Ⅲ.Results and discussion

    1.Climate data pattern analysis

    We derived climate data trends by using zonal statistics tool in ArcGIS 10.1. In zonal statistics tool, mean annual temperature and standard deviation of South Korea for each year was calculated (Fig. 4). As a result of analysis, temperature and precipitation pattern showed different trends according to RCP scenarios. In RCP 8.5, average temperature in South Korea increases 4.5°C in 2100 while it increases only less than 1°C in RCP 2.6. According to the IPCC 5th report global mean temperature increases 2.6°C to 4.8°C in 2100 under RCP 8.5 scenario (IPCC, 2014). Standard deviation of annual average temperature was 1.95°C. And standard deviation of annual average temperature showed few differences among the RCPs.

    An average of annual precipitation in 2100 showed few differences in RCPs except RCP 8.5. Precipitation increases more than 200 mm in RCP8.5 while other scenarios have almost no change in annual precipitation (Fig. 5). Also standard deviation of annual precipitation in RCP8.5 is higher than other RCPs and it showed an increasing trend. Increase of standard deviation indicated that the chance of either flood or draught would increase in 2100 under RCP8.5.

    2.Validation of current net primary productivity with MODIS data

    To validate NPP estimation from G4M, MODIS data from 2001 to 2010 was used. Temporal changes in NPP derived from G4M showed similar trends with MODIS. However, average value of NPP in G4M was lower than the result of MODIS NPP (Fig. 6). MODIS NPP trends are generally an overestimated NPP in South Korea because the vegetation information in MODIS data set is not enough to simulate carbon cycles (Shim et al., 2014). Therefore, result from G4M is suitable to estimate future NPP changes. In G4M, every point has information on the different vegetation composition that could describe the impact of vegetation in each cell better than MODIS NPP.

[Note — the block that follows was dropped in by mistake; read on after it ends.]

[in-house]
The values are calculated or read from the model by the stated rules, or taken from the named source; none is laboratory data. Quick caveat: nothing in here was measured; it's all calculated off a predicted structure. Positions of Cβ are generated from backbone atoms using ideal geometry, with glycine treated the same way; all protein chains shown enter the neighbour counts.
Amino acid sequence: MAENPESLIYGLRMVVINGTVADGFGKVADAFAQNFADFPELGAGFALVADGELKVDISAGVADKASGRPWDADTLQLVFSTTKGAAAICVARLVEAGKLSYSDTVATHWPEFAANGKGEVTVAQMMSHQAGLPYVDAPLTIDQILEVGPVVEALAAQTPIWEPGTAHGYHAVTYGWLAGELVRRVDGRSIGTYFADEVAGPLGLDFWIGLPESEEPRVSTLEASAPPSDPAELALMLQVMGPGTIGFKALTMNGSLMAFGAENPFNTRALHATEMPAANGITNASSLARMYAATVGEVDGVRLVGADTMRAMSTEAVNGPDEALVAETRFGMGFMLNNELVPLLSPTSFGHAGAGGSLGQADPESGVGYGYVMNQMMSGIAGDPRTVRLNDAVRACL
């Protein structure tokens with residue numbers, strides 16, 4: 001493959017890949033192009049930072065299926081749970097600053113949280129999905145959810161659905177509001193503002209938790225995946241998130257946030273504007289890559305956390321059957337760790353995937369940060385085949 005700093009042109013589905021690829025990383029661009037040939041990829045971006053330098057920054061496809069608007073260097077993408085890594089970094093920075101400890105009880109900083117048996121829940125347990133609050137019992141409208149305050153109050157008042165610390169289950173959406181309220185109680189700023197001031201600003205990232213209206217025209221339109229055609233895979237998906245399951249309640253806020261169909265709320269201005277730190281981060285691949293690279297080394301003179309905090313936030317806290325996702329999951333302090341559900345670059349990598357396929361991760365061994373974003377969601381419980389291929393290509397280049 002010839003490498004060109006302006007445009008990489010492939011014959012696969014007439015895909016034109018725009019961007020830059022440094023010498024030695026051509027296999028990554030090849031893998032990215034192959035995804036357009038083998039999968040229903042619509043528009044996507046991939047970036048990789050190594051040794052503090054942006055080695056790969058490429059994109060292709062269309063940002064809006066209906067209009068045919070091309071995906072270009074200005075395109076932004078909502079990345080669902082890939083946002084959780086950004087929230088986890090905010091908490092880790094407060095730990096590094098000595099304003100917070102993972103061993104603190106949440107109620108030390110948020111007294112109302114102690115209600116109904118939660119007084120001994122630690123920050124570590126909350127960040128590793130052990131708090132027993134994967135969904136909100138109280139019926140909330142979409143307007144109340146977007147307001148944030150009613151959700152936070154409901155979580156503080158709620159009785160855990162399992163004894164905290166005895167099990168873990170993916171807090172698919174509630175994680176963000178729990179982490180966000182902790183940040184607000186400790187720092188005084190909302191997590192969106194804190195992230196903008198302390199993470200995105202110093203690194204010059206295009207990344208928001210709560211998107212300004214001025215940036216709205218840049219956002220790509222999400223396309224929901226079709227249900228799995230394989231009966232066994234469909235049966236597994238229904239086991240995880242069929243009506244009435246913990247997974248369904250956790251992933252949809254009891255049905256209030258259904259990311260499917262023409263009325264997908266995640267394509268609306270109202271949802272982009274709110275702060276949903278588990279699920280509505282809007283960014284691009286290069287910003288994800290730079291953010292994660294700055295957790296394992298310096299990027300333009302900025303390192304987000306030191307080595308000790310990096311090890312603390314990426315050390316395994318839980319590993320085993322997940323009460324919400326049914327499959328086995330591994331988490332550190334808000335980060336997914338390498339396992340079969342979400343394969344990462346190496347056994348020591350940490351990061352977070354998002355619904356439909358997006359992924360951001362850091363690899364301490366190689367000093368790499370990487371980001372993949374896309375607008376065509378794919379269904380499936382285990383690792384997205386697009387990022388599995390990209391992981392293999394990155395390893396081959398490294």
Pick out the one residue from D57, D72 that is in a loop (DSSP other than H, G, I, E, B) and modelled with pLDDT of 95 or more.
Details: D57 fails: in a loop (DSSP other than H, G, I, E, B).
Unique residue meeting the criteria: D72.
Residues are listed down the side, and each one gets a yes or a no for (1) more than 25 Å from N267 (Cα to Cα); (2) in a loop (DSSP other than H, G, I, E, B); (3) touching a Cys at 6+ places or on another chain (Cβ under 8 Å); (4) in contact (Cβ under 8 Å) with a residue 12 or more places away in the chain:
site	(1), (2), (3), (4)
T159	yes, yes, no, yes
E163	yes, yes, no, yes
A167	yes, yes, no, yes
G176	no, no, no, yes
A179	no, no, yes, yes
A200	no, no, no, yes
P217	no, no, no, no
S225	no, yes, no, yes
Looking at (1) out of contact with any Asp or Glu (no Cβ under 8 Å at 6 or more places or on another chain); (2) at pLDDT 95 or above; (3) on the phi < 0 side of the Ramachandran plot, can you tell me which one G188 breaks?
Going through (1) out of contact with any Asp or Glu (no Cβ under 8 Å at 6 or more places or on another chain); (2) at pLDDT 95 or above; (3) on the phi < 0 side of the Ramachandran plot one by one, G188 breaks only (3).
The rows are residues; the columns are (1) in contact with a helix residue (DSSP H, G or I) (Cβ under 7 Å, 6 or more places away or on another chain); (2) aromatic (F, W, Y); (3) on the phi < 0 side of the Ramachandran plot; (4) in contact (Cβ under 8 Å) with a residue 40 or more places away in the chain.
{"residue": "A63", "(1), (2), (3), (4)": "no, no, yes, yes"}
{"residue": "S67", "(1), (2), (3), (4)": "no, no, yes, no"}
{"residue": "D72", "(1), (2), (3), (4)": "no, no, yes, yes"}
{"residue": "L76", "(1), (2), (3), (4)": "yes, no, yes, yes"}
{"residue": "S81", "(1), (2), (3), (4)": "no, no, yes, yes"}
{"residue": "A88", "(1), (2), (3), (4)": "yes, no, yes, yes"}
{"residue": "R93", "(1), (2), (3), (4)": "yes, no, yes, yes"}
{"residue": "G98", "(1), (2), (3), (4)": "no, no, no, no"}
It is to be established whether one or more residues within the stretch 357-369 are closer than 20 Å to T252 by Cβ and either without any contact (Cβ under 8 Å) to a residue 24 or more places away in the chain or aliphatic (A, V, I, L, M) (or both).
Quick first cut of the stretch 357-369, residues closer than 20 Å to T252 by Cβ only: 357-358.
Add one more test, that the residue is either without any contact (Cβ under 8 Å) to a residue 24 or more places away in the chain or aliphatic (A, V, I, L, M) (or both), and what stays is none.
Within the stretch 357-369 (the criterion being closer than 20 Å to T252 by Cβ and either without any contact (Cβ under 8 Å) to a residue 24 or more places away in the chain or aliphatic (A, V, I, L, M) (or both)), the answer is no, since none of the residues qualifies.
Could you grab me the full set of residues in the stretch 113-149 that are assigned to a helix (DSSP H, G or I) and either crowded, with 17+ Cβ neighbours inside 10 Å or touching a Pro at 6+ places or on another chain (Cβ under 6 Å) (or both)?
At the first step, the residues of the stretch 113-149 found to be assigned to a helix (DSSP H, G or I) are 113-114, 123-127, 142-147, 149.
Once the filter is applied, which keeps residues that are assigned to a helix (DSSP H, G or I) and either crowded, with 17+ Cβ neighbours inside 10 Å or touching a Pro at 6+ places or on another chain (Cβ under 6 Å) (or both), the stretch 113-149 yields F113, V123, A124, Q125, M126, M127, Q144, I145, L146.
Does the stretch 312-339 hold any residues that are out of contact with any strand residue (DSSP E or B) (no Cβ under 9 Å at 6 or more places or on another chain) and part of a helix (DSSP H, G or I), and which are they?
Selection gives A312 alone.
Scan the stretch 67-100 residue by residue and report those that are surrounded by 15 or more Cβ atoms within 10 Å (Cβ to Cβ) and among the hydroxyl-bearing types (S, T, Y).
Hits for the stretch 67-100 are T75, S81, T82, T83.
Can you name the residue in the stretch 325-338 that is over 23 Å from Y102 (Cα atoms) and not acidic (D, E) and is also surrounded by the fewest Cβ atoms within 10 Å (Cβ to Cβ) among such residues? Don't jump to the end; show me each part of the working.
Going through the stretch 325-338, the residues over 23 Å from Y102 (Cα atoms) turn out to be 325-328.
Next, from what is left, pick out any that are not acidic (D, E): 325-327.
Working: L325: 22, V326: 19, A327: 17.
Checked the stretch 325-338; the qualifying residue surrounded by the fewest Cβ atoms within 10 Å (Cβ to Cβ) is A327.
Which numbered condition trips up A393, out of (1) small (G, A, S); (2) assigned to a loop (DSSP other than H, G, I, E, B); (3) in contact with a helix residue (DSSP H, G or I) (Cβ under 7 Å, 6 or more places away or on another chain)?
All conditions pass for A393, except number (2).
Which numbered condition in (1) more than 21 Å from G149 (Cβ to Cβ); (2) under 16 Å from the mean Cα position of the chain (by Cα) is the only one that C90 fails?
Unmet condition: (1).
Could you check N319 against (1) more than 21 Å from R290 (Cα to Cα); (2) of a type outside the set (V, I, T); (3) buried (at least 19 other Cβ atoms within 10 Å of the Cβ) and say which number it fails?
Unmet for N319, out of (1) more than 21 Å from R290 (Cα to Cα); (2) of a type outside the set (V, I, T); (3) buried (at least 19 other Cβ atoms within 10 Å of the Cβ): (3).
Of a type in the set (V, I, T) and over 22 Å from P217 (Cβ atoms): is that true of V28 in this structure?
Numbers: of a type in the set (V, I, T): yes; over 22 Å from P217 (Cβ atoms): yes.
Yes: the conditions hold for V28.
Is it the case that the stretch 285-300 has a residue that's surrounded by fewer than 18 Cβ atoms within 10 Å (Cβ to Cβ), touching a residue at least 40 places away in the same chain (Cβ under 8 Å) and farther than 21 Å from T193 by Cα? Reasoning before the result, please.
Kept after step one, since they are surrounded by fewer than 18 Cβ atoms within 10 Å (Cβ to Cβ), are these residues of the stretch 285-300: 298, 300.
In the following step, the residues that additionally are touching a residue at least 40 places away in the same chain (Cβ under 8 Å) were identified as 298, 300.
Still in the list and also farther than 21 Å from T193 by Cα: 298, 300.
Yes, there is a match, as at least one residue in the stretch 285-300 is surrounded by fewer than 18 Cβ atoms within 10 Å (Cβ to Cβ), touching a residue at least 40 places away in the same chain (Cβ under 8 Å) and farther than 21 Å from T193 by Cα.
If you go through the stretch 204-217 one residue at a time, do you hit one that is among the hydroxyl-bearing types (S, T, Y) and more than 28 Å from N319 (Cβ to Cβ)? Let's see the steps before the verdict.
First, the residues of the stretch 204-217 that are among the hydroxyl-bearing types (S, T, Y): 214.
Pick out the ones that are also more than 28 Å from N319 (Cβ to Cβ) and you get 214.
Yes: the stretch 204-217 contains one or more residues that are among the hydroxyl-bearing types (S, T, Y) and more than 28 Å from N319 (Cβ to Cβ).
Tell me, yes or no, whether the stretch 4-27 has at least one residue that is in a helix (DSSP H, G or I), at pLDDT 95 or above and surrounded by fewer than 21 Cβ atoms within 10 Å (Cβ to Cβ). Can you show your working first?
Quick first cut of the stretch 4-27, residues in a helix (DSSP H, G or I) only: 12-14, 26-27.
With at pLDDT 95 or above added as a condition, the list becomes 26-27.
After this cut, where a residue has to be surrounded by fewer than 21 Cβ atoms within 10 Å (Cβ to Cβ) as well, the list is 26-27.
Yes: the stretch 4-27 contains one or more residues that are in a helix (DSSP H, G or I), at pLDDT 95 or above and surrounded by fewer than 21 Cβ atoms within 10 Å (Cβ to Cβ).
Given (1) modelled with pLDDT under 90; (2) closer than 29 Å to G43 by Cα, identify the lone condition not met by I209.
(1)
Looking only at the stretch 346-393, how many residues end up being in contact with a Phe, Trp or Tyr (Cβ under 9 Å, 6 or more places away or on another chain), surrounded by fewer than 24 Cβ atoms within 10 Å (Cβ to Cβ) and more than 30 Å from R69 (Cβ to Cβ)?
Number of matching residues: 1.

The spatial distribution is similar spatial distribution among the data (Fig. 7). Generally, NPP in south west part of Korea is higher than in north east part. Jeju-island showed higher NPP in all data sets. Jeju-island consist of with different vegetation compared to main land of Korea. In MODIS data set NPP showed higher in east part of Korea while the southern part of Korea showed higher NPP in G4M.

    3.Net primary productivity estimation by G4M

    To find out the impact of climate change without proper adaptation, we set two cases. In first case we assume that future vegetation will not be changed (BAU case). The other case is that future vegetation will be changed to maximize NPP (MAX case). Vegetation will be managed to maximize the productivity to meet the mitigation goal in 1st comprehensive plan for improvement of carbon sink in 2015.